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From Late Latin extemporāneus, from Latin ex tempore (impromptu).


  • (Canada) IPA(key): /əksˌtɛmpɚˈeɪni.əs/
  • (UK) IPA(key): /ɛksˌtɛm.pɜː(ɹ)ˈeɪn.i.əs/
  • (file)
  • Rhymes: -eɪniəs


extemporaneous (comparative more extemporaneous, superlative most extemporaneous)

  1. With inadequate preparation or without advance thought; offhand.
    Synonyms: off-the-cuff, (archaic) extemporal, improvised; see also Thesaurus:impromptu
    • 1855, Frederick Douglass, My Bondage and My Freedom. [], New York, Auburn, N.Y.: Miller, Orton & Mulligan [], →OCLC:
      My speeches in Great Britain were wholly extemporaneous, and I may not always have been so guarded in my expressions, as I otherwise should have been. I was ten years younger then than now, and only seven years from slavery.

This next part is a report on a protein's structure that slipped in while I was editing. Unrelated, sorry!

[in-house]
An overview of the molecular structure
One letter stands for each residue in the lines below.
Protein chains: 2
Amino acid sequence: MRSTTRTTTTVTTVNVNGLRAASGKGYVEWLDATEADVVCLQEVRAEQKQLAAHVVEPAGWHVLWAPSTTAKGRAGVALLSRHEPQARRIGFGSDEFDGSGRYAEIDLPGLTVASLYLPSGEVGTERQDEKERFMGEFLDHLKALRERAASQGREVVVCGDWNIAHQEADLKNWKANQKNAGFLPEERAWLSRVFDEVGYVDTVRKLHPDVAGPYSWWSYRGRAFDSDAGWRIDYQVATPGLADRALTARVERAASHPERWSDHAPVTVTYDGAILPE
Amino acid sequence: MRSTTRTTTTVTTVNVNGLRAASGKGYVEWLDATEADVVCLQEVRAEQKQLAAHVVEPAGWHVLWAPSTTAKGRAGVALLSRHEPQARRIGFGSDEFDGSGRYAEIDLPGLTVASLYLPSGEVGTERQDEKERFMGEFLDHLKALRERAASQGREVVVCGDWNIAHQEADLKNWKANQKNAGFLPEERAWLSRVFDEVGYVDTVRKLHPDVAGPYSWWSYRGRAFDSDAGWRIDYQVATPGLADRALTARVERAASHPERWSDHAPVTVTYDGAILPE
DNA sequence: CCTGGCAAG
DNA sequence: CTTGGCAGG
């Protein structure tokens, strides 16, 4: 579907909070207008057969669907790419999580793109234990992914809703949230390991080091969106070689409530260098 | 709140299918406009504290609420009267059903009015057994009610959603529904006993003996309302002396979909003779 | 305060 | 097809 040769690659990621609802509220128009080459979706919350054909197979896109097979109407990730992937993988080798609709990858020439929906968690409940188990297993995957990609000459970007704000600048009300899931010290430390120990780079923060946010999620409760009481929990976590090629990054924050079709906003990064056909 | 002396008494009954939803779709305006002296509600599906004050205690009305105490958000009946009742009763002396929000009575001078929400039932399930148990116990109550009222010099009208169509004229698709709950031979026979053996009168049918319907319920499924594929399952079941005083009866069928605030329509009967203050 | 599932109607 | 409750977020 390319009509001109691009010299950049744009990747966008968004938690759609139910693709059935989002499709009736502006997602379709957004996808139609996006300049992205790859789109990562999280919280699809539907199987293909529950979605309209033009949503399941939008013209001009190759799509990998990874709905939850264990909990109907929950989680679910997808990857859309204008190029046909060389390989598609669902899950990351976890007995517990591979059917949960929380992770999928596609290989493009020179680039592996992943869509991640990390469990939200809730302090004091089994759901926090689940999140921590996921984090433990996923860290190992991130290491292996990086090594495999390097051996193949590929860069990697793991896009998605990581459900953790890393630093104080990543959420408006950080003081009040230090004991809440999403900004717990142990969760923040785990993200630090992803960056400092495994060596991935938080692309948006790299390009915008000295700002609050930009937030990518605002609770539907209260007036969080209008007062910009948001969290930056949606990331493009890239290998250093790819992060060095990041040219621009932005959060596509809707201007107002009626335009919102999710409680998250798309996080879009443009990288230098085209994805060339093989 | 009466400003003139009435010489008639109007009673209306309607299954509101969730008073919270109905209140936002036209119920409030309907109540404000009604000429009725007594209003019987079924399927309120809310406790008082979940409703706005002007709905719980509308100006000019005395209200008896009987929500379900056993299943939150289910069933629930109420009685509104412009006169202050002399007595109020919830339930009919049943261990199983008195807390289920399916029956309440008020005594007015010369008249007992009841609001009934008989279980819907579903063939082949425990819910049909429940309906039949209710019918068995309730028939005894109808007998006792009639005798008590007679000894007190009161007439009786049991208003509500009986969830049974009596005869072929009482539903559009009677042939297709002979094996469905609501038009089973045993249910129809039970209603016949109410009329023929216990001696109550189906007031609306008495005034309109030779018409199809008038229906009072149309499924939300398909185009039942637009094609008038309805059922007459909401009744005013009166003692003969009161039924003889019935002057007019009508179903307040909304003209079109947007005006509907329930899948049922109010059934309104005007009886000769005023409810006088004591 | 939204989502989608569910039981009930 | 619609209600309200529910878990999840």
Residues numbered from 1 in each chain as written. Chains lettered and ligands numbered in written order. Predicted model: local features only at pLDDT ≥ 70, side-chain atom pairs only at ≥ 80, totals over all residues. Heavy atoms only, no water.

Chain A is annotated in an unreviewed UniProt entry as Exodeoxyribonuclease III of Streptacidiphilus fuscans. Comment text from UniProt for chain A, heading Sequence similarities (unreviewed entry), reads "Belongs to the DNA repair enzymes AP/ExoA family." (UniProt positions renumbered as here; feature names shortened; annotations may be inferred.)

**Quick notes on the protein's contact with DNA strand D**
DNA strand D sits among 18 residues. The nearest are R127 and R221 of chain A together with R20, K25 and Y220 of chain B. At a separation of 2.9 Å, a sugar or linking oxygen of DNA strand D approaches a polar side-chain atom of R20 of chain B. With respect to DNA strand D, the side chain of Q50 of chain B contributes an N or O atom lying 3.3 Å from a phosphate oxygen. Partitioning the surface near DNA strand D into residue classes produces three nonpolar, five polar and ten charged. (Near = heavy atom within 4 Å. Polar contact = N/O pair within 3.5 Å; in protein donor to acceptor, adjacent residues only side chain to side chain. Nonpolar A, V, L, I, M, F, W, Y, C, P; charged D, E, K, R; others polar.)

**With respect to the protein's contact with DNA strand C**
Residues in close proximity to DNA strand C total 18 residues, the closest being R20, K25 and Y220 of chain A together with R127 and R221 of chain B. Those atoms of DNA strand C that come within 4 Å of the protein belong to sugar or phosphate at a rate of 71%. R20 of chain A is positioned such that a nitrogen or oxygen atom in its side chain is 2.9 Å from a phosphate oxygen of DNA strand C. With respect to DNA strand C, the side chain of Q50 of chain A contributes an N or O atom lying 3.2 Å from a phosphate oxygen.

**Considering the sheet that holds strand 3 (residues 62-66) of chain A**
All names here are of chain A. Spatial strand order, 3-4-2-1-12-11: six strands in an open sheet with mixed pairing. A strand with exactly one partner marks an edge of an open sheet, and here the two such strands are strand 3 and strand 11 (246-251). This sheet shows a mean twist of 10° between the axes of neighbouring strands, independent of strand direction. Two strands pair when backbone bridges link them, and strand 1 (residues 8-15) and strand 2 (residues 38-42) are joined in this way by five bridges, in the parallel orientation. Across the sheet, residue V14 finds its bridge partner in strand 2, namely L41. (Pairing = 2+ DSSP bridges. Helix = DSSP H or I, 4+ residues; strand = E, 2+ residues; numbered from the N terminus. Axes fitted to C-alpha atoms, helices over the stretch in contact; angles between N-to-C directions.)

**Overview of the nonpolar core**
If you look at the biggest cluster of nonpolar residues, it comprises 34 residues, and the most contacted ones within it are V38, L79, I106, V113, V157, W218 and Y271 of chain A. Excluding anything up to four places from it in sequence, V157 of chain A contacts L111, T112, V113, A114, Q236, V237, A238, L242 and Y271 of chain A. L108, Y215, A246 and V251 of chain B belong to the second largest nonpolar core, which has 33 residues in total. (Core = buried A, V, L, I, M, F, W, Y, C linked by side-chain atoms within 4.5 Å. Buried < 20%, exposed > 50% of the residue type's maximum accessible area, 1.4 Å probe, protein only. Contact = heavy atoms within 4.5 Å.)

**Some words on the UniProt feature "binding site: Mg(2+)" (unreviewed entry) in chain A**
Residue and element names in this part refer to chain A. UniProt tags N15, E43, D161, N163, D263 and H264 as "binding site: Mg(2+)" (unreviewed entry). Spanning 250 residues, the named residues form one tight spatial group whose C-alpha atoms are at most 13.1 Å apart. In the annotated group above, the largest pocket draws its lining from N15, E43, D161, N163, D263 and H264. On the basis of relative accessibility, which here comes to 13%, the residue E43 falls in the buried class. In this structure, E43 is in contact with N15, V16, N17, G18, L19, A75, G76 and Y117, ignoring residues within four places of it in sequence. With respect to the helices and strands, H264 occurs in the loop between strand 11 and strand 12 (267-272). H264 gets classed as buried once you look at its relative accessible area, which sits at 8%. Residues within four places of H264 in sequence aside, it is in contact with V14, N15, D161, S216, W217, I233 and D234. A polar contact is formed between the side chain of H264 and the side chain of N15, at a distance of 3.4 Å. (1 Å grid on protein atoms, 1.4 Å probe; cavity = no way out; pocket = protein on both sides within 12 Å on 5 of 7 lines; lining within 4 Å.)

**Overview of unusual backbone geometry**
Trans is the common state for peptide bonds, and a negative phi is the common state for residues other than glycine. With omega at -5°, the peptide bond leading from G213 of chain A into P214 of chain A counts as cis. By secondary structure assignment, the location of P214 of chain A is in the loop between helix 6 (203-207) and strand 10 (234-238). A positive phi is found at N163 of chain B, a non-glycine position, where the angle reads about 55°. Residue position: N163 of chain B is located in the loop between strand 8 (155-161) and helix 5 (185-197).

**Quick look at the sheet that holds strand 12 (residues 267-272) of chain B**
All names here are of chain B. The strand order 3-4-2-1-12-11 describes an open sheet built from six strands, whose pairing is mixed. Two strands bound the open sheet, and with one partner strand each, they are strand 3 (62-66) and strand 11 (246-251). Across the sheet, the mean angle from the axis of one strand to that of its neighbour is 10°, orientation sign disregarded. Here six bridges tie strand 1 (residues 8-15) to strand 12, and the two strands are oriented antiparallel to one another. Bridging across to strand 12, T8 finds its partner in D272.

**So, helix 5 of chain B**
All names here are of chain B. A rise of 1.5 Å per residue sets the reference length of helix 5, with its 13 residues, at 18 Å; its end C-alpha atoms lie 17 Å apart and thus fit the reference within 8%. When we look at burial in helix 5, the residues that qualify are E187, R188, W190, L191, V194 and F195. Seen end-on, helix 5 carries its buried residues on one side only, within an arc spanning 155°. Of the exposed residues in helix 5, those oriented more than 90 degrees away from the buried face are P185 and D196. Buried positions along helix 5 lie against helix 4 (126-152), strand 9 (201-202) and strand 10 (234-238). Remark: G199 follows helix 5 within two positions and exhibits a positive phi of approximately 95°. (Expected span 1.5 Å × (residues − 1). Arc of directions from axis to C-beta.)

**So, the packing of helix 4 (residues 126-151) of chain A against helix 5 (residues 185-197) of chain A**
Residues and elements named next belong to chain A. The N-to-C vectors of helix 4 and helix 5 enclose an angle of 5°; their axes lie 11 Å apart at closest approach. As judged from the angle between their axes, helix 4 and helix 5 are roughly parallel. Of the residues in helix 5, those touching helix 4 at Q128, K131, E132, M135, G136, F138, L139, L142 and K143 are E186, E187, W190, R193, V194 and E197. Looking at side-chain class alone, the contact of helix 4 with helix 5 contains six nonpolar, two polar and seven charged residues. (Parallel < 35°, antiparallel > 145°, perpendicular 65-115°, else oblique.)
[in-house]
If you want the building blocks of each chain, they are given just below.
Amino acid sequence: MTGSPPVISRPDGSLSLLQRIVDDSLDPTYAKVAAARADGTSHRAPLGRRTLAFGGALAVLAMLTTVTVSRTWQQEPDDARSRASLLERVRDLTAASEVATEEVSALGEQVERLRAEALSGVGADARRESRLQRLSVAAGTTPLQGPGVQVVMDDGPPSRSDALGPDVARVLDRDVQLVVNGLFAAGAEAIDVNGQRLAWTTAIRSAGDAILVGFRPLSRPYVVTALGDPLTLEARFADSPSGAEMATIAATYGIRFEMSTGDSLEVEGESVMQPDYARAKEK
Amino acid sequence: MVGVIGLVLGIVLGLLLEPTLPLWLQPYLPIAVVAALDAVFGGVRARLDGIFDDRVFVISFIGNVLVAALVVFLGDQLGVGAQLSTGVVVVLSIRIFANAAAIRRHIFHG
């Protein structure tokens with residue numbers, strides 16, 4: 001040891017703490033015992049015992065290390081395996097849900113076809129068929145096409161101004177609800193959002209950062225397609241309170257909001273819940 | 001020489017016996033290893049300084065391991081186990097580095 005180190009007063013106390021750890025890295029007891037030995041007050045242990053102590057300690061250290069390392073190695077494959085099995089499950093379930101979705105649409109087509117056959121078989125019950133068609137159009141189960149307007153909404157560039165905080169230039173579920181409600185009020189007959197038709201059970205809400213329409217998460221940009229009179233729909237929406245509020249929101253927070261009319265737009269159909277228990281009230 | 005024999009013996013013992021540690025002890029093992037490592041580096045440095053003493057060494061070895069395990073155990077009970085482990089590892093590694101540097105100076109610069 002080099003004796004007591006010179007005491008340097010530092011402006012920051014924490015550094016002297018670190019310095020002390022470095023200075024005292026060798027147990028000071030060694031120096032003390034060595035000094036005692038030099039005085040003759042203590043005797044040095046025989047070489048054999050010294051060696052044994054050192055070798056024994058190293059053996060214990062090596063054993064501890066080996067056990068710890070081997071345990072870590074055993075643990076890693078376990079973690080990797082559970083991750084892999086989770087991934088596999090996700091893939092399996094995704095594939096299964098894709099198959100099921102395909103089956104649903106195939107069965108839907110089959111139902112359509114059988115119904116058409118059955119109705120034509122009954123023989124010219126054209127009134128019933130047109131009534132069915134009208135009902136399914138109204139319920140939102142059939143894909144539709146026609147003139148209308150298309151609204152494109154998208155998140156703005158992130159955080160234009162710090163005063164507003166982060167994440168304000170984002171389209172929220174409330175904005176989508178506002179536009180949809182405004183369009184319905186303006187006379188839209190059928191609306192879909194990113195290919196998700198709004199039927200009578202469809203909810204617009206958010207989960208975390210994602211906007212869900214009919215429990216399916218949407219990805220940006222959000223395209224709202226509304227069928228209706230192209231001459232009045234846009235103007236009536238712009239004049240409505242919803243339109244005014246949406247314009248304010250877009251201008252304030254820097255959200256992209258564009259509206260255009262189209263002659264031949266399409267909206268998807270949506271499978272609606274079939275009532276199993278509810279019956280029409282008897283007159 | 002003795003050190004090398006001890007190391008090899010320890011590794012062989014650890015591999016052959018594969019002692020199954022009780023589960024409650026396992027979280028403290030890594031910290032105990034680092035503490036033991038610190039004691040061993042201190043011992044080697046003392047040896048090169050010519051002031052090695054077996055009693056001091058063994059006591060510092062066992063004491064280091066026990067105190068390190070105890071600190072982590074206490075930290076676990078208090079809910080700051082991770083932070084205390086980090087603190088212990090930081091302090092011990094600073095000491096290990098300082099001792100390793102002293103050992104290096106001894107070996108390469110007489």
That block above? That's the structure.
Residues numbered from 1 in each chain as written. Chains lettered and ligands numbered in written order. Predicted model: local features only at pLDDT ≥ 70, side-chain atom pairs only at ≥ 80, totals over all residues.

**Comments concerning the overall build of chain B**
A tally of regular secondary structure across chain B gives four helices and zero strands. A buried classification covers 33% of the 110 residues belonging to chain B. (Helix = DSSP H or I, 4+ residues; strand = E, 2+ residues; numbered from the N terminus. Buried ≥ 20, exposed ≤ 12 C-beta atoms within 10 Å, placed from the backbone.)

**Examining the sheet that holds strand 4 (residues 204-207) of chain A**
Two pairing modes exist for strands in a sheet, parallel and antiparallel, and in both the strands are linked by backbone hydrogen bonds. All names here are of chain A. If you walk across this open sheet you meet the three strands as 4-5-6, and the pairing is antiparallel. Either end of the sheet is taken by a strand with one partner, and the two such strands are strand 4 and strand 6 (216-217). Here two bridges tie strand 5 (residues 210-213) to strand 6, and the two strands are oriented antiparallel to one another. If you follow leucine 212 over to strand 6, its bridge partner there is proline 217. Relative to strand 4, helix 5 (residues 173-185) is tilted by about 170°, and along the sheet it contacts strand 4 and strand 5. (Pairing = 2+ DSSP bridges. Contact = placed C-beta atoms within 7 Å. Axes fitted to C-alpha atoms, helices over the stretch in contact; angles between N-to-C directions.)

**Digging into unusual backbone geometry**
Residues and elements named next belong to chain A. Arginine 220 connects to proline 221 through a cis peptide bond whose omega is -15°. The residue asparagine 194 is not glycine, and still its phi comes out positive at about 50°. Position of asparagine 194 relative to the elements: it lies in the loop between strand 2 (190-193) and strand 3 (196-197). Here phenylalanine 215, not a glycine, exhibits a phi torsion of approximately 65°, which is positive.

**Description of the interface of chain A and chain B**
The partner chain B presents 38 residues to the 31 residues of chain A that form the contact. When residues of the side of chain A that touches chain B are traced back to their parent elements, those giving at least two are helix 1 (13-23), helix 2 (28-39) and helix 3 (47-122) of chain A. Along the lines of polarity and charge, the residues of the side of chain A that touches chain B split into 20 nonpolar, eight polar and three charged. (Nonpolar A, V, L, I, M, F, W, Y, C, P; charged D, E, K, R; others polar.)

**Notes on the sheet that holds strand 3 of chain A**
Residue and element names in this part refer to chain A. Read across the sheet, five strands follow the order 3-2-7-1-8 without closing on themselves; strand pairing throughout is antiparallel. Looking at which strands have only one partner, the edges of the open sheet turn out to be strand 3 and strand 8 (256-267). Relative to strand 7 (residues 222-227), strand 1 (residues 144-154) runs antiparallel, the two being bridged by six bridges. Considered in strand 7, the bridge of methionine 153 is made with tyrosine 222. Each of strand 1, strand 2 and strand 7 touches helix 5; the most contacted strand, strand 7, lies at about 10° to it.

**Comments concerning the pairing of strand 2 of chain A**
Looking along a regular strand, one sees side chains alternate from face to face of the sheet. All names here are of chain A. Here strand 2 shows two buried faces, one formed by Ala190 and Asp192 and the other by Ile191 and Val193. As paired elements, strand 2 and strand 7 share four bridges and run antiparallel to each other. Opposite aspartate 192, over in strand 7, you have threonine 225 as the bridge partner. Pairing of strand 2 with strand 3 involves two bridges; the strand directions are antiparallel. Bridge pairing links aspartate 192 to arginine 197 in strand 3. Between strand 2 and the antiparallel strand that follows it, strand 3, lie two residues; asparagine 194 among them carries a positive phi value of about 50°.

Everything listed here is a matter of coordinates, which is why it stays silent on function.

• 1920 April, F[rancis] Scott Fitzgerald, “Young Irony”, in This Side of Paradise, New York, N.Y.: Charles Scribner’s Sons, →OCLC, book II (The Education of a Personage), page 241:
      “Who the devil is there in Ramilly County,” muttered Amory aloud, “who would deliver Verlaine in an extemporaneous tune to a soaking haystack?”
    • 2017 March 1, The Lead with Jake Tapper[1], spoken by Jake Tapper, via CNN:
      The lovely words of a prepared speech, however, cannot erase extemporaneous words and deeds, thousands of them, that have run contrary to those aspirations.

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